In recent years several new technologies for remote healthcare have been investigated, including wireless sensors, low-power connectivity units and back-end software.
Newly formed Isansys Lifecare has integrated these components into to a user-friendly end-to-end system, which they hope to market in various healthcare settings.
‘We have a very strong “keep it simple” design philosophy. If you bring anything like this into a clinical setting, it has to be absolutely simple to use; you must have a system that has very little requirement for intervention,’ said chief executive Keith Errey.
The company has produced its own discrete body-worn monitor that continuously and remotely captures physiological data, including electrocardiography, respiration rate, temperature, blood pressure and blood oxygen levels.
The Engineer was told that it is of particular importance to use such systems to continuously monitor the vital signs of patients with chronic diseases and those with higher risk of serious adverse events such as strokes and heart attacks.
The device connects wirelessly to a local gateway that then aggregates the data and puts it into a network. From the network it goes to a database, which then distributes relevant information to authorised users.
Errey acknowledges some of the potential security and privacy issues of managing so much personal information, saying that data will be fully encrypted and very difficult to gain access to.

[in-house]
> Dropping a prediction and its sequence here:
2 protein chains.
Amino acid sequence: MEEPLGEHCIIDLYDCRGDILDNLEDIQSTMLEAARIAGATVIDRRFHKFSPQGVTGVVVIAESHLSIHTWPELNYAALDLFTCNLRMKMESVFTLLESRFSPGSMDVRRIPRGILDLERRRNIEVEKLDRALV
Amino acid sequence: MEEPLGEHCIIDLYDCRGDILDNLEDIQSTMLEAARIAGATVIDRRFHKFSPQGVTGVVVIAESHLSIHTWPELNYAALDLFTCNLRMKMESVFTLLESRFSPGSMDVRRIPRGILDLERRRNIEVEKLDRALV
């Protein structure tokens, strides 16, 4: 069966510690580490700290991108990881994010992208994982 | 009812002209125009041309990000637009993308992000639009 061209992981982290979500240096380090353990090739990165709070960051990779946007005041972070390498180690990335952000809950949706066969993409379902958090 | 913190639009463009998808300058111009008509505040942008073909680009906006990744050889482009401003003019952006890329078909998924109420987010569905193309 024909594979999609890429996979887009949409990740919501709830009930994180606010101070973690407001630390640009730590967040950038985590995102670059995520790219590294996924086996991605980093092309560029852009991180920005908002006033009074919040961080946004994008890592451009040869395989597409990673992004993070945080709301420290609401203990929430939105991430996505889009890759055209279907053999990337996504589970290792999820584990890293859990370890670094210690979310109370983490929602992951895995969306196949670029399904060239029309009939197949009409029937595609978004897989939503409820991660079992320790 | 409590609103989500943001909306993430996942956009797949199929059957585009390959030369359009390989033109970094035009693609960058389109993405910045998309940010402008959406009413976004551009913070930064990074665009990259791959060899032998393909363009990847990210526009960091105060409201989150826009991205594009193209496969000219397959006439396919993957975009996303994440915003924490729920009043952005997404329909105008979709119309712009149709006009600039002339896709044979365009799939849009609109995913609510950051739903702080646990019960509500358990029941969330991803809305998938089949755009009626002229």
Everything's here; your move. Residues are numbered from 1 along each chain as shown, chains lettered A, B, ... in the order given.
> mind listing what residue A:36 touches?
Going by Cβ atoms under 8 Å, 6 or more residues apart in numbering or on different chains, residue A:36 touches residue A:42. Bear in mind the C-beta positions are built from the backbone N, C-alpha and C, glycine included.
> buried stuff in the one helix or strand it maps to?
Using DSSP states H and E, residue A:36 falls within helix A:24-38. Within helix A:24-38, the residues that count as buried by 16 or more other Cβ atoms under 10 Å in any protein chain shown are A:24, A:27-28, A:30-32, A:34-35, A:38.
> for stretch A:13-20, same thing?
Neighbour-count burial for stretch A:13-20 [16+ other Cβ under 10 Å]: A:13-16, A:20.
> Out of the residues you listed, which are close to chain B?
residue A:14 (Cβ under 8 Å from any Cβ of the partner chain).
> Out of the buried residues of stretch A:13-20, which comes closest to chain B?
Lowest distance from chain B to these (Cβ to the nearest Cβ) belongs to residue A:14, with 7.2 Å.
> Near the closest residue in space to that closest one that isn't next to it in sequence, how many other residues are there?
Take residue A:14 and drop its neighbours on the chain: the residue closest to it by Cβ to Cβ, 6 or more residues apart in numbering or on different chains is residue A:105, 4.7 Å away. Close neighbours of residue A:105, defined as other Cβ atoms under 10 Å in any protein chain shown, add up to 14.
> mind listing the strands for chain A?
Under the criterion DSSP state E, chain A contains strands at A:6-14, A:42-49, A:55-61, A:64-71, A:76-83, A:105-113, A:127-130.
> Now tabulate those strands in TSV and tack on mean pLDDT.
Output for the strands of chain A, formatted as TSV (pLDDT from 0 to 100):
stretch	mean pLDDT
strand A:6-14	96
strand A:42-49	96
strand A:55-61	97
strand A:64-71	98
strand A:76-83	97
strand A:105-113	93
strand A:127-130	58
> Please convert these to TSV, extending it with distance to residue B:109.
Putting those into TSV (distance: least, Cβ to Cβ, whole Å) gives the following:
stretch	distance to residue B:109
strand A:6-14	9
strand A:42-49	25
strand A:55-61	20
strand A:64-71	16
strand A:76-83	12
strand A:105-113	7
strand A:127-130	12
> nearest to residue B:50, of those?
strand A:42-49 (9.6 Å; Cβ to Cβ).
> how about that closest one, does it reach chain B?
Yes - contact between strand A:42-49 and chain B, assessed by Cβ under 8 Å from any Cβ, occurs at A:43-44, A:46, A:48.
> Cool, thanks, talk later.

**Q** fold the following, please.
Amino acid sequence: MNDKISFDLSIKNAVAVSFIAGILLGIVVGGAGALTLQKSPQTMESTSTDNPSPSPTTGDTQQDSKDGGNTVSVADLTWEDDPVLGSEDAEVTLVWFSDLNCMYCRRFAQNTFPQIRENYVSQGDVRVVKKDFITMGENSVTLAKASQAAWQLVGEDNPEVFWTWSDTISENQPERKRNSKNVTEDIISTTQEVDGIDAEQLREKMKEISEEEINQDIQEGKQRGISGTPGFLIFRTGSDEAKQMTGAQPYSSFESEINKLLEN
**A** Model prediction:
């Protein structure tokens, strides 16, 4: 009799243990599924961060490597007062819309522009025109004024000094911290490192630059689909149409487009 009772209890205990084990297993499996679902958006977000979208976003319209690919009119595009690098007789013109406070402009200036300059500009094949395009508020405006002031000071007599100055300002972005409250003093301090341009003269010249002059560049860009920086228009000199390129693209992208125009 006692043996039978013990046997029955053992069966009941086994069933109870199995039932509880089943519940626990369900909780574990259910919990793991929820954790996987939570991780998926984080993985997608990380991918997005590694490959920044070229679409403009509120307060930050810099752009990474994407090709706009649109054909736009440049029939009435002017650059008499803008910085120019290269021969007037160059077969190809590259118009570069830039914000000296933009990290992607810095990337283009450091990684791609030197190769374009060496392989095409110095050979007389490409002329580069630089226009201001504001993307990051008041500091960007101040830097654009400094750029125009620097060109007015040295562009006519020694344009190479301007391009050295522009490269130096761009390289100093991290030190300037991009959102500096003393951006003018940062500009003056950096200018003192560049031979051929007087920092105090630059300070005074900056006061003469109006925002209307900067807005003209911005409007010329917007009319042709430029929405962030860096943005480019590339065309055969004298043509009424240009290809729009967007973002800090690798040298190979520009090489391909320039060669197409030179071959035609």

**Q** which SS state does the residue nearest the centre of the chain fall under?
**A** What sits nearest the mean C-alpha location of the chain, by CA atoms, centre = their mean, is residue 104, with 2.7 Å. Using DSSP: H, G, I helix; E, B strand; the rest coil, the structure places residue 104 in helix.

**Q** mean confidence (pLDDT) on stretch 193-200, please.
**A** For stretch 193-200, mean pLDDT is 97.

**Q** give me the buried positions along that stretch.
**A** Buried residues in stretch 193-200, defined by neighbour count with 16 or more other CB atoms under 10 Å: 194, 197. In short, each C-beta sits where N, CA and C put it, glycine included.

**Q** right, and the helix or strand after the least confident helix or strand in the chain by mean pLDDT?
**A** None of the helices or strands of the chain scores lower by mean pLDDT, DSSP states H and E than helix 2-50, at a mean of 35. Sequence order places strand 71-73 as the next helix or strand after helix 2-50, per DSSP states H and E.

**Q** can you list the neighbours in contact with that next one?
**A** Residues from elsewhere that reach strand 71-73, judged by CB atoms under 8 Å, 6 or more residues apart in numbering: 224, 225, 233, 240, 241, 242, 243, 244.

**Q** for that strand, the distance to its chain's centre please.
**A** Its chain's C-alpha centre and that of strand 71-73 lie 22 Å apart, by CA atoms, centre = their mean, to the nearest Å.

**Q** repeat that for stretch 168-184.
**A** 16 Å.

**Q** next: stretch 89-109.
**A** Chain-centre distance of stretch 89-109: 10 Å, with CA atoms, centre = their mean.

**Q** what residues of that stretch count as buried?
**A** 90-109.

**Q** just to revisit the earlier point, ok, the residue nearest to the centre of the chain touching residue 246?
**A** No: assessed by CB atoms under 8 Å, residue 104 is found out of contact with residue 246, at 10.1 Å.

The company hopes to conduct clinical trials that will be vital in bringing the technology to the market.
‘At the moment we’re focused on working with clinicians and policy makers who want to demonstrate that this kind of technology leads to two things: improved clinical outcomes and overall reduced costs,’ Errey said.
Once the benefits have been demonstrated, this will allow more care to be taken outside of the acute setting and into lower care environments. It will also allow researchers to see the changes in physiological parameters that occur in patients with high-risk conditions in order to better understand and manage the condition.
‘It’s very expensive to keep a hospital running, but if you can provide that same level of involvement between the clinician and the patient through these kinds of continuous monitoring systems, then that patient can easily be at home, or in a care home, or a less costly setting.’
Isansys will shortly be announcing results from a key European clinical trial based on the Isansys Lifecare Platform.
System-on-chip technology is enabling the development of body-worn wireless devices to monitor patients’ health, says Keith Errey. Click here to read more.